Thank you Gen. Dempsey, Dr. Westphal, Dr. Stanley and Gen. Foley.
Let me welcome all of you to the Hall of Heroes—especially the Kaho’ohanohano and Svehla families, who have traveled so far, and given so much, for this day. Today we honor Privates First Class Anthony Kaho’ohanohano and Henry Svehla in a tradition that dates back to the Civil War.
It was 150 years ago last month that the first shots were fired at Fort Sumter. The bloody conflict that followed touched every corner of our young nation. Over half a million men died on both sides—more than have perished in all of our others wars combined. In the midst of this struggle that was literally tearing apart the nation, President Lincoln signed into law a medal to recognize extraordinary bravery.
It was to be “bestowed upon such petty officers, seamen, landsmen, and Marines as shall most distinguish themselves by their gallantry and other seamanlike qualities during the present war." That medal is the Medal of Honor.
Its first recipient, Private Jacob Wilson Parrott, took part in a daring mission behind enemy lines. Though his unit’s mission to destroy a Confederate supply line was thwarted, Parrott and several others were recognized for their courageous actions with the Medal of Honor. Parrott’s citation, a single sentence in length, began our tradition of recognizing uncommon bravery on the battlefield.
In the years since the Civil War, we have sent tens of millions of Americans into battle to defend their country. But fewer than 3500 of them have been awarded the Congressional Medal of Honor.
Its award is so rare because the feat of bravery it recognizes is so exceptional. The names of some medal recipients grace history: President Theodore Roosevelt, General Douglas MacArthur. But most are ordinary Americans who took extraordinary action on the battlefield.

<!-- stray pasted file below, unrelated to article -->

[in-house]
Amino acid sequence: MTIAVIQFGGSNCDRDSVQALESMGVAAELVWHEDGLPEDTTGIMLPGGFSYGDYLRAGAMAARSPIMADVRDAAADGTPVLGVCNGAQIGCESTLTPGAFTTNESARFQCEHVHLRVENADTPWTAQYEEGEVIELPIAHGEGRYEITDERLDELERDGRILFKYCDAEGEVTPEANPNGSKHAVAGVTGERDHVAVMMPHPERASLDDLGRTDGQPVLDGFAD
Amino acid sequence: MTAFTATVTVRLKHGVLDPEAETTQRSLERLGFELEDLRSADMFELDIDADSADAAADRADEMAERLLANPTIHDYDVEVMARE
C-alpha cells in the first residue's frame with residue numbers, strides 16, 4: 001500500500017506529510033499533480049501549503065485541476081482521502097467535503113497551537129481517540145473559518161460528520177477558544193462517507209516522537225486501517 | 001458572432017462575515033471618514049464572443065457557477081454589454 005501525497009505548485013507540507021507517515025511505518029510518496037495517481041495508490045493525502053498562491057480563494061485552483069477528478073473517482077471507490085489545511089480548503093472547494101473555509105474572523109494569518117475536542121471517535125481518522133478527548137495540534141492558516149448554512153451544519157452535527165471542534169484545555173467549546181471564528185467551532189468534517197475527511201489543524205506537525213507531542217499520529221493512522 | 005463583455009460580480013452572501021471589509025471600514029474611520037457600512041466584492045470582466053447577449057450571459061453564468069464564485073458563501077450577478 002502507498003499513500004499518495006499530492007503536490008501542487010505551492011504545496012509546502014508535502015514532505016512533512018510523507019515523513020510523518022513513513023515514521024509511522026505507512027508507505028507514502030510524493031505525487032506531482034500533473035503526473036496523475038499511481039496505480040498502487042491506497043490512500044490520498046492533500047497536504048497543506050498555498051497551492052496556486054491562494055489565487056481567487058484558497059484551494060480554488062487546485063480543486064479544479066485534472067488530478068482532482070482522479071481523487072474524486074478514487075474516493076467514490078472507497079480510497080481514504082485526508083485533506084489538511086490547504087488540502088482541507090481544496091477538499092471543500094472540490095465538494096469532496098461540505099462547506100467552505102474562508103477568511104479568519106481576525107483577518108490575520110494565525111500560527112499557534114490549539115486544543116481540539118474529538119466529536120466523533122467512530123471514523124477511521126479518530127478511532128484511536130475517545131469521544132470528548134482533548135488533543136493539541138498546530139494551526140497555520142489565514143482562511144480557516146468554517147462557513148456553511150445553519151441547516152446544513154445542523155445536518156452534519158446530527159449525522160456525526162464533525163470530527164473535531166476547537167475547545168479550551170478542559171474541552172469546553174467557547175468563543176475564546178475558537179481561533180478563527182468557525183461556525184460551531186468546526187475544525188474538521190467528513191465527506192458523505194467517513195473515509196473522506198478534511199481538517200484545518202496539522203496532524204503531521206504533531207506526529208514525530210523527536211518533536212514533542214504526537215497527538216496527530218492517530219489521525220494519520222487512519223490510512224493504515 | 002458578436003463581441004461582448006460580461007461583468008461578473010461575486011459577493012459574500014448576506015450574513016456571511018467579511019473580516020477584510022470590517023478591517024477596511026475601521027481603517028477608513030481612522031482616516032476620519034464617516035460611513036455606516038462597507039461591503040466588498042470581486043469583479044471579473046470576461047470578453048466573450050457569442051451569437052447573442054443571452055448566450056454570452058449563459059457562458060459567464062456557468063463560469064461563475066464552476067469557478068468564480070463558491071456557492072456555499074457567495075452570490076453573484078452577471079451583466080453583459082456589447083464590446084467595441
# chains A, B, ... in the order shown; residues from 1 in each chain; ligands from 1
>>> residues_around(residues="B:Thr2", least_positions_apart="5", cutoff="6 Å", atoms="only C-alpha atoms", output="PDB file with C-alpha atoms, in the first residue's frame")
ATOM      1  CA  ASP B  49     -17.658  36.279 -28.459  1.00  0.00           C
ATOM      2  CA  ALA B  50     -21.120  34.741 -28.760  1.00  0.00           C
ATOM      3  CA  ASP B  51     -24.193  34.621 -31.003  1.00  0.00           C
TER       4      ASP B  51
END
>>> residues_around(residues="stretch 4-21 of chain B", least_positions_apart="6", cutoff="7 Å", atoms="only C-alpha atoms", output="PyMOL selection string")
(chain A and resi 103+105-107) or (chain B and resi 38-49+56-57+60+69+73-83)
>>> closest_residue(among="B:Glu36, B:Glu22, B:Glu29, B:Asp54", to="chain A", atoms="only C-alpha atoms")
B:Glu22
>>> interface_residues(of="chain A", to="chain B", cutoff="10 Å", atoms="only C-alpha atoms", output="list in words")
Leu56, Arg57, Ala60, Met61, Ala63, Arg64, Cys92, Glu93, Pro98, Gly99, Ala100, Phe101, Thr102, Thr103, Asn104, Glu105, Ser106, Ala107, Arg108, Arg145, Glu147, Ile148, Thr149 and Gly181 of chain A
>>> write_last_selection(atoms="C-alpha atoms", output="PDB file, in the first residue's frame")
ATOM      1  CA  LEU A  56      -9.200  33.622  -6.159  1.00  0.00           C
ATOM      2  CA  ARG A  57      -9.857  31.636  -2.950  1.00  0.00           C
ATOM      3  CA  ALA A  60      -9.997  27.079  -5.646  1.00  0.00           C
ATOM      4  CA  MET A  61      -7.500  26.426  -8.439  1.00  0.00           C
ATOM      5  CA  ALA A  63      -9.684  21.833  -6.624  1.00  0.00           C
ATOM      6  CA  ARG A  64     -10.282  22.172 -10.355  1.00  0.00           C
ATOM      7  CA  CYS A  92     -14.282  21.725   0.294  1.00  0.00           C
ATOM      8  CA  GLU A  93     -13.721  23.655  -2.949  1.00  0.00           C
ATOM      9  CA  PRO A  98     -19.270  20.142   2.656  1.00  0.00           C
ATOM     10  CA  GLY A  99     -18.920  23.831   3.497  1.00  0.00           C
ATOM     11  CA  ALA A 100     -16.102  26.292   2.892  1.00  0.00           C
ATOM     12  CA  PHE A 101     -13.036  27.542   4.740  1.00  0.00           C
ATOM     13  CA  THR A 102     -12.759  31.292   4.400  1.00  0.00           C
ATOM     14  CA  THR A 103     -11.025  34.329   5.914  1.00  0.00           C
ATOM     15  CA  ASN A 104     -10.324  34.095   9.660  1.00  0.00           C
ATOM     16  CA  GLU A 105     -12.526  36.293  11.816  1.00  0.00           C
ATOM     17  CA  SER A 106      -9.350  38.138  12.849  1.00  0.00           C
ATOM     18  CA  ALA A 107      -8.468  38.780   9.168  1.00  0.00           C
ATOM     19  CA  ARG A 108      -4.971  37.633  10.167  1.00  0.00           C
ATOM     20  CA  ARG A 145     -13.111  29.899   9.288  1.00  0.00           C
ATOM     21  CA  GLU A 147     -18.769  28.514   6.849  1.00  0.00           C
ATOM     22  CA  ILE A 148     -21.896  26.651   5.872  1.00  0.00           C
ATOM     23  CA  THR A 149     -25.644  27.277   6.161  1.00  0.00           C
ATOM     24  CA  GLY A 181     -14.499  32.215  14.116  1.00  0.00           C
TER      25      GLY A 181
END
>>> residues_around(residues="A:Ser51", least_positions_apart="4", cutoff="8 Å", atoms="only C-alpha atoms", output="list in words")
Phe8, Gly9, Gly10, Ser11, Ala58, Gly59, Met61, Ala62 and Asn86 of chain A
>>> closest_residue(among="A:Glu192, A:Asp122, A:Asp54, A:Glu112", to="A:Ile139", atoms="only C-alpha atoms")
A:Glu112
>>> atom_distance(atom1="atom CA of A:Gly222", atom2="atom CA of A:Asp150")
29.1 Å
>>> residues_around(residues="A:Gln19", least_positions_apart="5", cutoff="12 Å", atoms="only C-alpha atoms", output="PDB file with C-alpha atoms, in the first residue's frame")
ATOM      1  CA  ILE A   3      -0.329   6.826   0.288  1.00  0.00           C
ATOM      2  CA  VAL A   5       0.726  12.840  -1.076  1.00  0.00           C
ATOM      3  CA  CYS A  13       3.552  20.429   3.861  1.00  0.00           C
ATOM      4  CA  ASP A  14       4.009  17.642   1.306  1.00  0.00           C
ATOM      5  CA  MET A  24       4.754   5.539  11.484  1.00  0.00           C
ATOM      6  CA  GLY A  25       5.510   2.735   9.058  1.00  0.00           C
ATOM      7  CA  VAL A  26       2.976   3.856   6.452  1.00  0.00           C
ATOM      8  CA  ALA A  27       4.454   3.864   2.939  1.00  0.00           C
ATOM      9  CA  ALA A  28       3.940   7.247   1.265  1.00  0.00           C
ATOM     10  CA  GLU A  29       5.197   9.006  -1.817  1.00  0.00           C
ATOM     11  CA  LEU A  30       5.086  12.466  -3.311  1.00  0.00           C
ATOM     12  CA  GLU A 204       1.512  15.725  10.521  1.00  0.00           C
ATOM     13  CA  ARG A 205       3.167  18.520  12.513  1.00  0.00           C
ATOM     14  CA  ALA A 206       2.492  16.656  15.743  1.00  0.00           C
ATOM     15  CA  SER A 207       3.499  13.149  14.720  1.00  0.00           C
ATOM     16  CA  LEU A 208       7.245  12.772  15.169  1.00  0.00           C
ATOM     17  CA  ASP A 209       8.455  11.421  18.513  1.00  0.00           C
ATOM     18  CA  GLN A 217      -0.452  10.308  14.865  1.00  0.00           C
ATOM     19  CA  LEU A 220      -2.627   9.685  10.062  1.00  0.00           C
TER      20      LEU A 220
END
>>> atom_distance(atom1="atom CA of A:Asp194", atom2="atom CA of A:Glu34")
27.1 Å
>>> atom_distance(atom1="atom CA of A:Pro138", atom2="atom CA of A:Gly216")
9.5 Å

The Hall of Heroes where we gather pays tribute to them. Today we add two more men to this select roster. Like many who came before them, Private Kaho’ohanohano and Private Svehla fought on foreign soil in defense of freedom. Far from the families who loved them, they made the ultimate sacrifice for our nation. Although it has been 60 years since the Korean conflict, the example of their valor still endures.
Private Kaho’ohanohano will be forever remembered for the lone assault that saved his comrades and then inspired their counterattack. His last words—reportedly “‘I’ve got your back.”—are a creed our soldiers carry with them today, whenever they go in harms way.
Private Svehla similarly put the security of his fellow troops above his own life. His courageous counterattack after being fired upon during a recon mission saved his unit from total defeat. In throwing himself on a grenade, he gave the last full measure of his devotion to his men and the country he swore to defend.
Throughout our history, men and women like Anthony and Henry have courageously answered the call of duty. Heroes like them have stepped up when our nation needed them most. The uncommon valor they displayed is what the Medal of Honor stands for, what our country was built on, and what will allow it to endure.
Today we also recognize the incalculable cost borne by the families who join us here. Lincoln himself was keenly aware of the burden they bear. In his stirring letter to Mrs. Bixby, a widow thought to have lost five sons during the Civil War, he wrote:
“I feel how weak and fruitless must be any word of mine which should attempt to beguile you from the grief of a loss so overwhelming. But I cannot refrain from tendering you the consolation that may be found in the thanks of the Republic they died to save.”
“I pray that our Heavenly Father may assuage the anguish of your bereavement, and leave you only the cherished memory of the loved and lost, and the solemn pride that must be yours to have laid so costly a sacrifice upon the altar of freedom.”
So today, as we remember Anthony and Henry, we also honor their families, and all those who have lost loved ones in freedom’s name. Thank you.